I spent the last few days at the Decentralized Web Summit, a small gathering of like-minded hackers, thinkers, and activists from all over. I don’t go to many conferences, but this one was inspiring and exciting. Even the mainstream press noticed. I’ll see if I can describe why.
I spent some time in the peer-to-peer community during the first dot com boom. I hung out with the p2p-hackers and CodeCon folks, co-created a toy P2P network and contributed to others, idolized Nullsoft and Bram Cohen and anonymous remailers, and generally yearned to be free of The Man in the middle. By the time BitTorrent hit it big, P2P seemed unstoppable, even inevitable.
It wasn’t, of course, but recently there’s been a resurgence of interest. The financial crisis, the NSA spying revelations, and online power concentrated into a few big silos rallied the internet’s venerable elders, Vint Cerf and Tim Berners-Lee and Brewster Kahle and Mitchell Baker. (And Richard Stallman!) They turned over a few rocks and found the P2P cypherpunks keeping the flame alive, developing projects like IPFS and Dat and Tor and falling all over themselves to sanctify Satoshi and create the Next Big Blockchain.
The MC called us OGs and New Gs, drawn together by a common desire to redecentralize the web. We discussed the past, present, and future, compared projects and protocols – including my own little ditty on the IndieWeb (video, slides) – and debated what to do next. It was great.
My first big takeaway was that the community seems to be maturing. Just by organizing the summit, the elders showed that they were paying attention and cared. That wasn’t really true last time around. And given TimBL’s position atop the W3C and Brewster’s irrepressable energy for catalyzing action, that definitely matters.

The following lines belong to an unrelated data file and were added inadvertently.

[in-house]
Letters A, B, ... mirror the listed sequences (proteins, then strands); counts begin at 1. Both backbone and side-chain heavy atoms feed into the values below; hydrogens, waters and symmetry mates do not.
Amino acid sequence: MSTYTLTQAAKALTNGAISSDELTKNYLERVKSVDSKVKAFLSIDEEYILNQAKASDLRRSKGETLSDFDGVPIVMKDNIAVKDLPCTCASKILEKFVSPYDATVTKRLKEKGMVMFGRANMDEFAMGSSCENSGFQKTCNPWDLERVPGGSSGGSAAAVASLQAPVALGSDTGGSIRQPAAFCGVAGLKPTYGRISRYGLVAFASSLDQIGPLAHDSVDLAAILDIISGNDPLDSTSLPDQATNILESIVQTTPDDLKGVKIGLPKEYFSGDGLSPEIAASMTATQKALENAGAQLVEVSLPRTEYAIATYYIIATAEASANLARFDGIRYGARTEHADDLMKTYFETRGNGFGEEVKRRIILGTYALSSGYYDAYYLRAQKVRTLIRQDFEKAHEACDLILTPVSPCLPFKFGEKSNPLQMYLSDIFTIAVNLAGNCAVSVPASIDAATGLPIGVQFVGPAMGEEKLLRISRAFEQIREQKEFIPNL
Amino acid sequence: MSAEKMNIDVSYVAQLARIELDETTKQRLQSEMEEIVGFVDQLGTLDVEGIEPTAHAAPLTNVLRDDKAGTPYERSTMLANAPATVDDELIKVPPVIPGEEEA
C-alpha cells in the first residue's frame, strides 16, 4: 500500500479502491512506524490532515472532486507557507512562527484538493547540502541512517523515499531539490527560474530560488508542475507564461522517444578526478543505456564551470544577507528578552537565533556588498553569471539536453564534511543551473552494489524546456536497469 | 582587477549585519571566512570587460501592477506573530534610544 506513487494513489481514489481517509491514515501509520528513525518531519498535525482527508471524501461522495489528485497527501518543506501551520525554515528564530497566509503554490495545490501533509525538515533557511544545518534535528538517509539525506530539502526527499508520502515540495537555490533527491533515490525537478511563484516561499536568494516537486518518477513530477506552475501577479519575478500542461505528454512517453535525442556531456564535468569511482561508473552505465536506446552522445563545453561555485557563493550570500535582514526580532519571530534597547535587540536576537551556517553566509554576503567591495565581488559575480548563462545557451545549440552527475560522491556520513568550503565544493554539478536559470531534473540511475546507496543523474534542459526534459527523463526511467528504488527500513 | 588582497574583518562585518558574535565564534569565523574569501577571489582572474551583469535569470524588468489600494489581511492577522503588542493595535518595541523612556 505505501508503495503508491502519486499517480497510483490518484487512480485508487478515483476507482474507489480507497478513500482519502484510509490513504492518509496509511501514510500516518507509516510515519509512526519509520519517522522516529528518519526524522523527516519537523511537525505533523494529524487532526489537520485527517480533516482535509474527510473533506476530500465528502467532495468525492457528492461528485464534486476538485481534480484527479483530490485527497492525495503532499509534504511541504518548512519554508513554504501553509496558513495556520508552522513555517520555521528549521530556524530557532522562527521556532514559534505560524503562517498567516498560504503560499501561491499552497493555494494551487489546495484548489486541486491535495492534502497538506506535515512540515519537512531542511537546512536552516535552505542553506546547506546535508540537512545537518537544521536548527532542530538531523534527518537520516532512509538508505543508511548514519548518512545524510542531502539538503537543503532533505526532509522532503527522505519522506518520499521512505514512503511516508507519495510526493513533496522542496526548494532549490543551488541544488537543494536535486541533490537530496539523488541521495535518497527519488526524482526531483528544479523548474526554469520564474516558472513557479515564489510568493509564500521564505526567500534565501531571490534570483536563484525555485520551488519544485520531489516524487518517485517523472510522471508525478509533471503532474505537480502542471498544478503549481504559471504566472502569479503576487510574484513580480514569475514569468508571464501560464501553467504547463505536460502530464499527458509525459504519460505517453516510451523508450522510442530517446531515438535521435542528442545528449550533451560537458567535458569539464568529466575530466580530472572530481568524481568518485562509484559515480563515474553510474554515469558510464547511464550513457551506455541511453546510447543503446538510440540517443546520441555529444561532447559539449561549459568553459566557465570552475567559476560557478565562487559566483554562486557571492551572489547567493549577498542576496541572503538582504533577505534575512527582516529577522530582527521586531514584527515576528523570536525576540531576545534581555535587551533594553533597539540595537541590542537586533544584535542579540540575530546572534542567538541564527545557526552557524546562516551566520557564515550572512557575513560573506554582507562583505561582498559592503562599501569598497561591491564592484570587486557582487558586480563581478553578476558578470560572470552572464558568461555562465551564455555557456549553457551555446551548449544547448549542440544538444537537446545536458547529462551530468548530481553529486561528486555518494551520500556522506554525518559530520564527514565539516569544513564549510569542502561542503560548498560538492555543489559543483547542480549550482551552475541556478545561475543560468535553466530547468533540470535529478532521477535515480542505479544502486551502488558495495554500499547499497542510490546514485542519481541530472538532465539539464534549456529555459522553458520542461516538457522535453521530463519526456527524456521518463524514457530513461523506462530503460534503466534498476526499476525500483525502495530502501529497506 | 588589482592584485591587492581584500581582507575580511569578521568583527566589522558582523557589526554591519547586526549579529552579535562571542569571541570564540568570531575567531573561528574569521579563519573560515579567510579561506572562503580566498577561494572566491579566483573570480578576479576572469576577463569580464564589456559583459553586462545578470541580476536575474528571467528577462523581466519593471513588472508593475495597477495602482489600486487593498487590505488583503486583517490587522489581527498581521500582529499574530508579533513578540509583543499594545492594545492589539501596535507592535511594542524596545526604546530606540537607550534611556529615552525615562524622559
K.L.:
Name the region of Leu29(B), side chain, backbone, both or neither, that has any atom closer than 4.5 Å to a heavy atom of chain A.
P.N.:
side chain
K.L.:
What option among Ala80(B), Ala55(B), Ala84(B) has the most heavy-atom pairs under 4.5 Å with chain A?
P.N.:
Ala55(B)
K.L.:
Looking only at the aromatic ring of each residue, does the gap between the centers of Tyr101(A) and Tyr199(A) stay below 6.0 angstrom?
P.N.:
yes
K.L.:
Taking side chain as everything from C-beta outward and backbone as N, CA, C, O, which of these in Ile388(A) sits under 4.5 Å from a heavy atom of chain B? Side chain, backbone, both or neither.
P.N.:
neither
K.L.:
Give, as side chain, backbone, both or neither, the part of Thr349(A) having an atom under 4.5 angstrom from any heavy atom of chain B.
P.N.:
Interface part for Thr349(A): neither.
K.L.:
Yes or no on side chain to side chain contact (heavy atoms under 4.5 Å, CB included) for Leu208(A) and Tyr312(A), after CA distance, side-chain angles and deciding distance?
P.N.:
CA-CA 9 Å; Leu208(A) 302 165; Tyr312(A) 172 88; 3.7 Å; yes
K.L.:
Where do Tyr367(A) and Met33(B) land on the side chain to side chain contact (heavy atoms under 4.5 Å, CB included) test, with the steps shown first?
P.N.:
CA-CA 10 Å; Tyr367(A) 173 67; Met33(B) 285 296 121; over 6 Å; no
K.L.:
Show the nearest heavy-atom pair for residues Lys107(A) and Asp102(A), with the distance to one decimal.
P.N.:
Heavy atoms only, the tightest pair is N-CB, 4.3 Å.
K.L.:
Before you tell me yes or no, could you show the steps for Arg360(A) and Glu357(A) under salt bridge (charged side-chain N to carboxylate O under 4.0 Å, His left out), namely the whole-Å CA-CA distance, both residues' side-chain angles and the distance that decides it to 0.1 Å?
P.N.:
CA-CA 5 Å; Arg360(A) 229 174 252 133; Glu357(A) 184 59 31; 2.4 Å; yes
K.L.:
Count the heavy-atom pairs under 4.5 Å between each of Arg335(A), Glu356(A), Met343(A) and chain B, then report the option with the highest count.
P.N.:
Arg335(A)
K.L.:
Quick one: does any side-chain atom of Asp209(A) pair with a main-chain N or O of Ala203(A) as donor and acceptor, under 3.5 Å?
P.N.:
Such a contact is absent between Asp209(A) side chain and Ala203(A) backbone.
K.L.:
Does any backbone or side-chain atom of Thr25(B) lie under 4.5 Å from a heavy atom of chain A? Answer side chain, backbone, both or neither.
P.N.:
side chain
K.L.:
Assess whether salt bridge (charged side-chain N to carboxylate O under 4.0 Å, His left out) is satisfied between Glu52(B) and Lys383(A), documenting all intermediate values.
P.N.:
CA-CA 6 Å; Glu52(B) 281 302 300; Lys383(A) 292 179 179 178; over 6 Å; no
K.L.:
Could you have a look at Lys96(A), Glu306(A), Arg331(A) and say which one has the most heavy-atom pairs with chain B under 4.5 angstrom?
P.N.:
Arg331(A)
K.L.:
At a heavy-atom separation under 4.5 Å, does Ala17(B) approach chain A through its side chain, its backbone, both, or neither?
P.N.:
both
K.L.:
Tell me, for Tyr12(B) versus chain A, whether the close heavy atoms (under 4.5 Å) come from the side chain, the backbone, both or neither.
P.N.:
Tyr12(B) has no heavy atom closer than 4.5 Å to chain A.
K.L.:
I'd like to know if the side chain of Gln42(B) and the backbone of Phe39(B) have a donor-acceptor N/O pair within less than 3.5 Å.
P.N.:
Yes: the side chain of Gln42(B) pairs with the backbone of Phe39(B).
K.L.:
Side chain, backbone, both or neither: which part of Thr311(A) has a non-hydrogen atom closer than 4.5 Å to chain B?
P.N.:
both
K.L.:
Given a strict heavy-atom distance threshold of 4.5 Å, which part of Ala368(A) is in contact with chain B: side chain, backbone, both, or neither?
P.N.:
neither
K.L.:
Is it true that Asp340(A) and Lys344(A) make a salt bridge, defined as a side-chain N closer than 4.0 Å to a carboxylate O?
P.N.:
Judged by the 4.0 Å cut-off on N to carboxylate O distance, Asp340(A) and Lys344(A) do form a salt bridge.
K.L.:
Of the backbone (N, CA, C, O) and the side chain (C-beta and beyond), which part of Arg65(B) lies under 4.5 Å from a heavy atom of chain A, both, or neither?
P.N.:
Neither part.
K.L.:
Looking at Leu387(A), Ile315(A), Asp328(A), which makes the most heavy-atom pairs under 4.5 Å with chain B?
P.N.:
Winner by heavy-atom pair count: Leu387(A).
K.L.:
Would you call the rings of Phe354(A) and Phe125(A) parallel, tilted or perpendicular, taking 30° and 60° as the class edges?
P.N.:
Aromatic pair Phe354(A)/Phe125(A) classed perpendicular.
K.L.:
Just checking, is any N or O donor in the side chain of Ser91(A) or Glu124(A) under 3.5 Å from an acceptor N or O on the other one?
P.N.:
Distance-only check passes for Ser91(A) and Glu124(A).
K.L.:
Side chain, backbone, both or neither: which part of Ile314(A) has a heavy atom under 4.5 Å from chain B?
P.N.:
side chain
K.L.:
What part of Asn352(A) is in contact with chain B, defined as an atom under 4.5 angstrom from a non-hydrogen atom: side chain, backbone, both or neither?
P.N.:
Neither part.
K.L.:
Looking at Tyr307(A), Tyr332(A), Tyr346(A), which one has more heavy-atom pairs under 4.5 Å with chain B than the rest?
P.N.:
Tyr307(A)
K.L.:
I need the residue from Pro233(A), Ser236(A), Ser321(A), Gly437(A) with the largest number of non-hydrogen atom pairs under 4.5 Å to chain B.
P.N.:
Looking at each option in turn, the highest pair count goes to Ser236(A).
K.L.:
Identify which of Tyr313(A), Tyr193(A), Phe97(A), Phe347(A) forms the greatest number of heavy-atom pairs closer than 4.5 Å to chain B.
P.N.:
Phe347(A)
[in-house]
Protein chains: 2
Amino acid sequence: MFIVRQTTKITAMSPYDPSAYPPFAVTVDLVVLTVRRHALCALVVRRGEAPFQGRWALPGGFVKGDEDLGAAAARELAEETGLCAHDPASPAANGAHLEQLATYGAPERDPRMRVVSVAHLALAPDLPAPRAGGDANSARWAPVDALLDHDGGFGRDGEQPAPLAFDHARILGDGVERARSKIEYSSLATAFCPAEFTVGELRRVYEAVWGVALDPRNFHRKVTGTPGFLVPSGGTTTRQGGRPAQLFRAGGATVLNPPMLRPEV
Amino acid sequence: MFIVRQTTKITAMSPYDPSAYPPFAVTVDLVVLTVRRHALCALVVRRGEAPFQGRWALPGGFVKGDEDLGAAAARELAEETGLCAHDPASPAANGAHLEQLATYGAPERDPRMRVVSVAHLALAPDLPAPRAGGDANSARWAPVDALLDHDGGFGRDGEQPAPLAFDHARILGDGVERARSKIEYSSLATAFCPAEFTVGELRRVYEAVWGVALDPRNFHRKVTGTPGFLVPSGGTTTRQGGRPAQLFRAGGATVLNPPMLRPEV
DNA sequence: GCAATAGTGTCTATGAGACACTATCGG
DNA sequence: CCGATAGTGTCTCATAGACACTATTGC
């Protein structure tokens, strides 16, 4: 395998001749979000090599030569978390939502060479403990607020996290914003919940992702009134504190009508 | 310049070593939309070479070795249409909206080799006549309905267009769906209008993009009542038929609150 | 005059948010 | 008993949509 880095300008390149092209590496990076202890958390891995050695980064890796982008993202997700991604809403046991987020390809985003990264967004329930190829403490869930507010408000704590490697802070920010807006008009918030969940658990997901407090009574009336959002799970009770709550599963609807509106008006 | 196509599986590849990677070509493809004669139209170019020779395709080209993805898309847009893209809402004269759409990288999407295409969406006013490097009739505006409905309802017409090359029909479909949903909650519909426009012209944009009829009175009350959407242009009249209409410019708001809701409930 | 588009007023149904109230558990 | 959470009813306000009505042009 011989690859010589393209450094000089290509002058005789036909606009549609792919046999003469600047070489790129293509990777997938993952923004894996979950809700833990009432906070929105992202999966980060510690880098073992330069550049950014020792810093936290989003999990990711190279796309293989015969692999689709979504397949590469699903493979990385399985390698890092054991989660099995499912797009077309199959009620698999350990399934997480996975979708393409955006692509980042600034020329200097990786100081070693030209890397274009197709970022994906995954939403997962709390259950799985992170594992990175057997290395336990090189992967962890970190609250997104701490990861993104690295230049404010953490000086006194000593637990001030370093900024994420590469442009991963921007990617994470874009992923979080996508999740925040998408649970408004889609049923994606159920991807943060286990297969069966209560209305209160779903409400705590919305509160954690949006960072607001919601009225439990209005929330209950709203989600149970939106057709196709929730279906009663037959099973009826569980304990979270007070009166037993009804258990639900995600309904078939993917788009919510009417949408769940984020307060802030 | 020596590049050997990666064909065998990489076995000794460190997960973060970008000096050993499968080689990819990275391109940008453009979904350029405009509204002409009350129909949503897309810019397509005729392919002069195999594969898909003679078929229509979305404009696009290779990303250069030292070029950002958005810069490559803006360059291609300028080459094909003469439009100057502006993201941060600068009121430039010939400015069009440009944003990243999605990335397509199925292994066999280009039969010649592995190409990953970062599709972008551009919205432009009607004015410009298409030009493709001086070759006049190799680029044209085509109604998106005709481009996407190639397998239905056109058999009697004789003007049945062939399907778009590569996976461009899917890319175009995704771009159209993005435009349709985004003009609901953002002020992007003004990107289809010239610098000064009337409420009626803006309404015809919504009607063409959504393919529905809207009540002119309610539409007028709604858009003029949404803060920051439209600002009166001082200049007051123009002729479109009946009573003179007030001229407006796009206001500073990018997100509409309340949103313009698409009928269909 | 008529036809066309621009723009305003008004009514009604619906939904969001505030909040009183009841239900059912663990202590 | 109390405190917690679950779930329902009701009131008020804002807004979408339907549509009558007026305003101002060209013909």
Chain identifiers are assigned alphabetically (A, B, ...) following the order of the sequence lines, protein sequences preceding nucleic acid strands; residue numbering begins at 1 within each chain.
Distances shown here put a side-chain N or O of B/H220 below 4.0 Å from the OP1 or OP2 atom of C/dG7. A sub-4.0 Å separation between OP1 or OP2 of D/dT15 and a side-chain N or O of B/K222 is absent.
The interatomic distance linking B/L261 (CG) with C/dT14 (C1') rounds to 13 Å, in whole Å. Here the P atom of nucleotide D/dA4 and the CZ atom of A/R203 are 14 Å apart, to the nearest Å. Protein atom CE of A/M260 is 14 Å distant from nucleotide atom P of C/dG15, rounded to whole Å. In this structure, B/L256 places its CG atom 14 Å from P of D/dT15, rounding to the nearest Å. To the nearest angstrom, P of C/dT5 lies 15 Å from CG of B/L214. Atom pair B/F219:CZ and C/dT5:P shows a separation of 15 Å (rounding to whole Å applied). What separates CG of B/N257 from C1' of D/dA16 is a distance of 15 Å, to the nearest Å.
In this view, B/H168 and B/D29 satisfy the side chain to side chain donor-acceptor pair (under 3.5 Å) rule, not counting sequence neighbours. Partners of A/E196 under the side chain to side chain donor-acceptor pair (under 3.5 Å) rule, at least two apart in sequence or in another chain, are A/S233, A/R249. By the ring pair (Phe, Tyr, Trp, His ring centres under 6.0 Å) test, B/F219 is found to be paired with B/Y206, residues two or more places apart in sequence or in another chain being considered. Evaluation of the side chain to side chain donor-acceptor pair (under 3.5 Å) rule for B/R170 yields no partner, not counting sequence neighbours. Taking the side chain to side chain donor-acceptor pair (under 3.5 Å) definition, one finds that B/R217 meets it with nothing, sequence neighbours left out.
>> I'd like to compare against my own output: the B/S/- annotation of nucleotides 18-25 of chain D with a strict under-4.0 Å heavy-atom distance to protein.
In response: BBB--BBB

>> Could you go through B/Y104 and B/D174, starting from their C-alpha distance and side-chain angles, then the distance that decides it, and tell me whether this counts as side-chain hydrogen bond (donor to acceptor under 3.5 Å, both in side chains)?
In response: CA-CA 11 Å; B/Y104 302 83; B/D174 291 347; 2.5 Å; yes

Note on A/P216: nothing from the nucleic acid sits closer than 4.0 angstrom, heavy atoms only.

Second, there was a lot of talk about real world problems like UX and monetization. People widely acknowledged that P2P projects still aren’t usable or accessible enough and don’t always address real user problems, which may be why they haven’t hit the mainstream yet, Skype and BitTorrent notwithstanding.
Also, despite the usual appeals to micropayments and transaction fees, most people admitted that we still don’t know how to sustainably pay for systems without centralized control. The honesty was very encouraging. The first step is admitting we have a problem!
Yes, it’s an entirely new consensus algorithm, and as Mike Burrows famously declared, those don’t come around very often. More importantly though, it’s the first open membership consensus algorithm we’ve ever seen.
Before Bitcoin and the blockchain, all consensus algorithms required a closed group of participants. They came from the distributed systems community, from people who built and ran self-contained clusters of servers they owned and controlled. Bitcoin changed all that. Anyone can mine a bitcoin, or send one, and those transactions are just as consistent and durable as a Paxos round or ZAB broadcast.
This is pretty huge. The internet depends on centralized human organizations like ICANN, CAs, and Tier 1 networks, and they’ve worked surprisingly well for a surprisingly long time, but failures like CA compromises and BGP hijacking have exposed their inherent flaws. Projects like Certificate Transparency are laudable, but they’re really just band-aids. They can contain damage, but they can’t prevent it entirely.
Human organizations regularly do superhuman things, and they may still be the right long term approach here. We’ve just never had a real alternative before. Now we do, and that’s pretty damn cool.
Don’t worry, I’m not dropping everything to create a cryptocurrency or drum up VC funding for a blockchain startup. I have downloaded a handful of papers to read, though, and I may drop by Friday lunch at the Archive now and then. DWeb renewed my interest in the once and future decentralized web, and that’s a good thing.